Before setting foot on Lesbos we had such high expectations of the island in particular the village of Eresos, where it is believed the famous poet Sappho lived. For those of you who don’t know, Lesbos is considered Mecca by lesbians worldwide. Visiting Eresos was to be nothing short of walking through the gates of heaven. We would not have been surprised at all if the streets were paved in gold and there was a welcoming committee to greet us just for showing up. We also expected the bus from the port town of Mytilini to Eresos to be filled with international lesbians making their pilgrimage.
The reality was quite different. For starters the bus was full of mostly older local women, some of whom made the sign of the cross every few minutes, and an Orthodox priest. Not only were we the only lesbians traveling, we also seemed to be the only tourists. The village of Eresos was the last stop in a long series of them. We were let out not in the midst of a parade of lesbian welcome banners and shouts of “Hoorah”; instead, in what looked like an abandoned parking lot surrounded by cracked cement.
As we walked towards the water and passed shop after shop all boarded up, we began to feel let down and wondered if we would stay more than a night. When we got to the waterfront we saw a few people scattered here and there but where were the droves of lesbians? The village appeared to be much smaller than we had let it become in our minds.
After finding a nice room with a balcony overlooking the water, we began to explore and get more settled. Looking back on our four days there, Eresos had worked on us slowly. The magic and the beauty of the area was subtle yet very powerful: exchanging a knowing smile with another lesbian couple as we passed on the street, enjoying a sunset but being awestruck when the moon took over the sky and discovering the various moods of the Aegean.
Eresos can be described as a village with incredible feminine energy. This could be seen and felt by the moon, the sea and the many cats that call Lesbos home. (Everyone knows that all cats are female and all dogs are male. 😉 The village is also filled with gates of various sizes and colors, yet there seemed to always be one of the doors left open.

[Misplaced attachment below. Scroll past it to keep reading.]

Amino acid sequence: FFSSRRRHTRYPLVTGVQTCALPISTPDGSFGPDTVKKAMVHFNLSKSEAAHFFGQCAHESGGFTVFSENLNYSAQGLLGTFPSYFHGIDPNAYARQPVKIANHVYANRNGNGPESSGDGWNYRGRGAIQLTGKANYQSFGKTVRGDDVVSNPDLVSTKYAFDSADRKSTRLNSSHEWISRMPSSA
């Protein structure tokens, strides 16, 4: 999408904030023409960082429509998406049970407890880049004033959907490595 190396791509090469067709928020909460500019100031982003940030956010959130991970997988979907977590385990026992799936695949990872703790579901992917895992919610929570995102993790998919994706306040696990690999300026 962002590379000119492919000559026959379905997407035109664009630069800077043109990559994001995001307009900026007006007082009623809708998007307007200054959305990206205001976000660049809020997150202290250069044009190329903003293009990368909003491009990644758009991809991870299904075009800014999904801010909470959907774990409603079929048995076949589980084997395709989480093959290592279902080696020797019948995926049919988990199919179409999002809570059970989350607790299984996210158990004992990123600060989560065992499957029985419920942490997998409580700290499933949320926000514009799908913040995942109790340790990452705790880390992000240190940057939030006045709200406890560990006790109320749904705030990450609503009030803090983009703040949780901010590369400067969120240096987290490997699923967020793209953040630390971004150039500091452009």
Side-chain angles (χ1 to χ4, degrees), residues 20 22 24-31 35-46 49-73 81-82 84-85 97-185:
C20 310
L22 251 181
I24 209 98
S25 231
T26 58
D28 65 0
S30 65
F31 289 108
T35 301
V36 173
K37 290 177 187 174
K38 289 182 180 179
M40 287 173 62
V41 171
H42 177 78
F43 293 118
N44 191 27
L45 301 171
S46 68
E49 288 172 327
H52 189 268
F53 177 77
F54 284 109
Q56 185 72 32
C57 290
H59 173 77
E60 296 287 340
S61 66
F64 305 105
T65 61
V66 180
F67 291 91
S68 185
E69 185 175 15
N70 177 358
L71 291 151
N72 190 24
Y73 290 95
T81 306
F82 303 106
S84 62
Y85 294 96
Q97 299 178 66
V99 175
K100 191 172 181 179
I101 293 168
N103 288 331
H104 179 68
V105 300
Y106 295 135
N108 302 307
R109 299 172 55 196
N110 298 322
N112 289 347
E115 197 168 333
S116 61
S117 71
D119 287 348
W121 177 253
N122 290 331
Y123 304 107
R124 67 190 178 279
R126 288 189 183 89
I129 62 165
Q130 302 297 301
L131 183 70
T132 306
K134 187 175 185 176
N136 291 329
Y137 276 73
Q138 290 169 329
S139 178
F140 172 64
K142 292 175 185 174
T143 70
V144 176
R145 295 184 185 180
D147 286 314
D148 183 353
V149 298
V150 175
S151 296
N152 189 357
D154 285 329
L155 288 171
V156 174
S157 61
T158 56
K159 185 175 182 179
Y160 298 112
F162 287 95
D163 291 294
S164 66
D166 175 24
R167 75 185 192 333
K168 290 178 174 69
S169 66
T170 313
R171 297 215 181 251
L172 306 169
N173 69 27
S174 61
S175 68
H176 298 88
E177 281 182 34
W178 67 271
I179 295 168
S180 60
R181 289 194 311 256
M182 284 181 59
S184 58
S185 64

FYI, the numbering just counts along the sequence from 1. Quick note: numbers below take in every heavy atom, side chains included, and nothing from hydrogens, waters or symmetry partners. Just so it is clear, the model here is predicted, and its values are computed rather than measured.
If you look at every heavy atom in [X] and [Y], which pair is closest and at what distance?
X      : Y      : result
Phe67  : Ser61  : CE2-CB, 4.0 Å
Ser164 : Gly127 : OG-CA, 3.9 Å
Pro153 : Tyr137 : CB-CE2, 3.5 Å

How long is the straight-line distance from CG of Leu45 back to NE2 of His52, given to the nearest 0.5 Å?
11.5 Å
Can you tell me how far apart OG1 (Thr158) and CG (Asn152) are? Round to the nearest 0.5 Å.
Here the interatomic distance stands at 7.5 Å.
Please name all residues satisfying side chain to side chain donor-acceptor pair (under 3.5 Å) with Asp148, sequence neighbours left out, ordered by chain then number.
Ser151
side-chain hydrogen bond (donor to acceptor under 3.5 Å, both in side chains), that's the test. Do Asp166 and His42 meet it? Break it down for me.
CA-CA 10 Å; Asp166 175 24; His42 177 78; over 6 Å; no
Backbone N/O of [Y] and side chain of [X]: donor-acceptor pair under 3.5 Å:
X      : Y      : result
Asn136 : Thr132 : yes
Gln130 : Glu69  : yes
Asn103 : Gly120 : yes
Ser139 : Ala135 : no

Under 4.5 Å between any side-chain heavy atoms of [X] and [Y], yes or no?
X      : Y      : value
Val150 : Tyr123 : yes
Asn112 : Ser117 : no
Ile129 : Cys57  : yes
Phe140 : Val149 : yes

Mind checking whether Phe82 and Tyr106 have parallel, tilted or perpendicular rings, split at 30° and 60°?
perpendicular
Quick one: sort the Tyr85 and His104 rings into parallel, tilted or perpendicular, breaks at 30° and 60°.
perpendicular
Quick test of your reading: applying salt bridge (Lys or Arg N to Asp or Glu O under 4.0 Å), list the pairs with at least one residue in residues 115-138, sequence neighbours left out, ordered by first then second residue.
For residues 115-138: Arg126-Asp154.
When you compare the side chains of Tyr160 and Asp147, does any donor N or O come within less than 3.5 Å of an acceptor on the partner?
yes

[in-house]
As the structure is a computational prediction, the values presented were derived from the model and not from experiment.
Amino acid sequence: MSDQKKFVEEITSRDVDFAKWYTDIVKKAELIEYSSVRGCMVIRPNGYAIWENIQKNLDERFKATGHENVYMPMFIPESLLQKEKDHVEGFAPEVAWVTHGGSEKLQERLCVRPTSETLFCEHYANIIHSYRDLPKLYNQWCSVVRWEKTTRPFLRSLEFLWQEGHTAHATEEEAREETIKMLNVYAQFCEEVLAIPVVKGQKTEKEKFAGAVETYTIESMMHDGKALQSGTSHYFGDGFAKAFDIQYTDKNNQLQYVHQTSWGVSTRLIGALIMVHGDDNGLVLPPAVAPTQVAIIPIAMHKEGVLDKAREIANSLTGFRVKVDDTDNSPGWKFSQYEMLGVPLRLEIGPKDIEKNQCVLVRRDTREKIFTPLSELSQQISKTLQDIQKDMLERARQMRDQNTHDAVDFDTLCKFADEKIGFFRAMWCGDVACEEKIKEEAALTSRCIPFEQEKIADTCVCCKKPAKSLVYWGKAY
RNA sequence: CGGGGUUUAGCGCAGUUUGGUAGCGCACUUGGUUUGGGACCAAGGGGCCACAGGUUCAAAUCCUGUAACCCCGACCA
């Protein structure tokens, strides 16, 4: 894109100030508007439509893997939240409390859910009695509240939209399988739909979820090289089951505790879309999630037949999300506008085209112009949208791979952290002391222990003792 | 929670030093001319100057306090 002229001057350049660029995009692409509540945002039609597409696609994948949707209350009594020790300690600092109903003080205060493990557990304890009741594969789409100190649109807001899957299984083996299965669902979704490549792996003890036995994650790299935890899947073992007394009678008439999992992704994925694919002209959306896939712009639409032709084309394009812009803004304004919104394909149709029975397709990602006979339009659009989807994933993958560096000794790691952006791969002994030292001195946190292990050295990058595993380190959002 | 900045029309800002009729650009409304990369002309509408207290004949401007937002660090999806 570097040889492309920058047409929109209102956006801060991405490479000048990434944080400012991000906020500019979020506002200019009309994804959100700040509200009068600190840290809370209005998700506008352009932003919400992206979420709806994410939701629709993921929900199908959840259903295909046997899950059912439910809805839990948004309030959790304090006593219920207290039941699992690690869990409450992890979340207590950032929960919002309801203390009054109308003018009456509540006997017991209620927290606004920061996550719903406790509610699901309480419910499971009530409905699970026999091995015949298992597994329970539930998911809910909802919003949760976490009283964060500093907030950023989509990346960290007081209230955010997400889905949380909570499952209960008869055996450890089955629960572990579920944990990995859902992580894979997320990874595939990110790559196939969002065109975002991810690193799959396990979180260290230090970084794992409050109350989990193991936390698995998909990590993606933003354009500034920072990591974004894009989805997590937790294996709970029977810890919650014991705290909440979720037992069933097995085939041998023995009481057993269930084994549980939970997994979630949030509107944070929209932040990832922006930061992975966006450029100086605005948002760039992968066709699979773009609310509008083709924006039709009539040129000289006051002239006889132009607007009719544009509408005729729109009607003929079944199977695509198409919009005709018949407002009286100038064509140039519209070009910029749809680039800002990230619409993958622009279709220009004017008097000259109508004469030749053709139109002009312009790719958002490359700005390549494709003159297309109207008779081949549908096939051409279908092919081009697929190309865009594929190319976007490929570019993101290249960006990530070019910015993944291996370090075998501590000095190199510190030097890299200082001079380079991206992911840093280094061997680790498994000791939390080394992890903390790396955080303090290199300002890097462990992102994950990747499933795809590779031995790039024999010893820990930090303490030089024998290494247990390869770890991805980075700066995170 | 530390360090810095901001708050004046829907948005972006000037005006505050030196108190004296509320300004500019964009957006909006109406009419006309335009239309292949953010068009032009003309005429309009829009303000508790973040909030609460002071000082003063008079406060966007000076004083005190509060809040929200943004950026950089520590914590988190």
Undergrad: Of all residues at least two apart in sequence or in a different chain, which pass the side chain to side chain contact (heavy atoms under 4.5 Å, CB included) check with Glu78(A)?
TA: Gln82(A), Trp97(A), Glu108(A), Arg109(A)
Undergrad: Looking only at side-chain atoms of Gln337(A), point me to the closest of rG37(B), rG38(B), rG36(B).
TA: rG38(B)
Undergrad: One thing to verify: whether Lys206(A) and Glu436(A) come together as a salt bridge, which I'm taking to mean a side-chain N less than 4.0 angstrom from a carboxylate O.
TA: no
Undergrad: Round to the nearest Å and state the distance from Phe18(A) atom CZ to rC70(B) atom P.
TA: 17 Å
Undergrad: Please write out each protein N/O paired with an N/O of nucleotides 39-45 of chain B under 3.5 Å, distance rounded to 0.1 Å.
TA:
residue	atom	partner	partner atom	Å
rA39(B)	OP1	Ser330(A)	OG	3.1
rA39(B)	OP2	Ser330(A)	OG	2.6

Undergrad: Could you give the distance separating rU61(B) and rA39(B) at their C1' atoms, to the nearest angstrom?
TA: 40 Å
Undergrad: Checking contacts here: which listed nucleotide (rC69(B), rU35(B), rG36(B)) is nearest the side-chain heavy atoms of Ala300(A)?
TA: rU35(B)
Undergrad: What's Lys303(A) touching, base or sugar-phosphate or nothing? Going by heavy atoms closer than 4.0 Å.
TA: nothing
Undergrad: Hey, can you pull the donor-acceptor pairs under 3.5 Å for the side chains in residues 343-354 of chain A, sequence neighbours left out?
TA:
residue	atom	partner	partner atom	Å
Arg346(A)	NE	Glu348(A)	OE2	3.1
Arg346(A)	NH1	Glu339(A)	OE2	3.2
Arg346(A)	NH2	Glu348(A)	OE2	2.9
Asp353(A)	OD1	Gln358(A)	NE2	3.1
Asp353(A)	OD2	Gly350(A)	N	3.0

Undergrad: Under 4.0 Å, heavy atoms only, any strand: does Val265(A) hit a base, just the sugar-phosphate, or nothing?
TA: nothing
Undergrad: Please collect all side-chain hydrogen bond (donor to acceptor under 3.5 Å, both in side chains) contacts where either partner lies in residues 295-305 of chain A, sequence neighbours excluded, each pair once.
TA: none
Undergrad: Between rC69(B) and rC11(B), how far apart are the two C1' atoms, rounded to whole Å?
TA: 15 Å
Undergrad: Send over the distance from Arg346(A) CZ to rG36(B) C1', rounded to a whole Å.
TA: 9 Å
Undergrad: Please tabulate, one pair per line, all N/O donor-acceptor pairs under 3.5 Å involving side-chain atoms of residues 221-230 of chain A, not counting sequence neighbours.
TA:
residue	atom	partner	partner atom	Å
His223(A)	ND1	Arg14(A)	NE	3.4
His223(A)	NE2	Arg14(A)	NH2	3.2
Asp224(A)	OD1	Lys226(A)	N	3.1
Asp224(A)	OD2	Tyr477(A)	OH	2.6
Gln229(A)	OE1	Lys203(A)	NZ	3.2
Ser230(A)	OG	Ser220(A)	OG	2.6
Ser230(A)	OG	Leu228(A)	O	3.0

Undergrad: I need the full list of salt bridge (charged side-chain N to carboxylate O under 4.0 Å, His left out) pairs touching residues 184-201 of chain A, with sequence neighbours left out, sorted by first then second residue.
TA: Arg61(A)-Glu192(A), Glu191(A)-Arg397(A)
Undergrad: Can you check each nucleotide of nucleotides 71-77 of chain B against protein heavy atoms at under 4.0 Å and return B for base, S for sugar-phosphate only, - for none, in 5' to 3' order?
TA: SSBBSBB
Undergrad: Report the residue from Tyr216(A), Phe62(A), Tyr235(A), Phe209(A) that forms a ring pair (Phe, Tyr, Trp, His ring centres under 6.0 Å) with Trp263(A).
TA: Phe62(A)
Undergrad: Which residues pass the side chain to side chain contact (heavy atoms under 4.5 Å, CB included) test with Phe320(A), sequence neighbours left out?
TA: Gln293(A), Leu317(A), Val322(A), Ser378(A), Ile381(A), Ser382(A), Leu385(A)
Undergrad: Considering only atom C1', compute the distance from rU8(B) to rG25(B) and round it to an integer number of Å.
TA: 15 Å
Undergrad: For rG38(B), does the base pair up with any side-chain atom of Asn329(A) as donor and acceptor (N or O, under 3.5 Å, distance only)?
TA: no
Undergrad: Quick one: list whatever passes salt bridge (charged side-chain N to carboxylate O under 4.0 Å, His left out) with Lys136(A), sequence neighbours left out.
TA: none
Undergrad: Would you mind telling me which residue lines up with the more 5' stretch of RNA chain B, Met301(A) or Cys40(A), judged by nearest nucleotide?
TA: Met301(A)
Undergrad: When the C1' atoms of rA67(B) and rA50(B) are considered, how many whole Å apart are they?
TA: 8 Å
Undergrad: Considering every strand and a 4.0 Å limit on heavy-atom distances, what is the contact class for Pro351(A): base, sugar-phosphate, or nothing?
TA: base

Midway through our short visit, while eating dinner on the Aegean, we overheard a lively lesbian exclaiming, “It’s so good to be back.” Noticing our wide grins in her direction in response, she opened a conversation with us by asking if this was our first time to Lesbos. When she learned that it indeed was, she began speaking to us with the husky voice of experience. “It may be your first time here,” she began, “but I guarantee it won’t be your last.” She continued, “It’s not just about the women. The women is the cherry on the cake and that’s the cake.” She pointed to the Aegean.
“Take in everything”, she advised us, “It’s in everything…in the food you eat, in the water you drink.” She finished with a decisive “You will be back.”
We don’t know if our experience would have been the same had we arrived one month later during the height of the tourist season, but we found the subtle introduction to Eresos perfect in every way. A couple days later on the ferry back to Turkey as we watched the island of Lesbos become smaller and smaller and with tears in our eyes, we realized the woman at the restaurant was right. Lesbos was under our skin and we knew that we would indeed be back.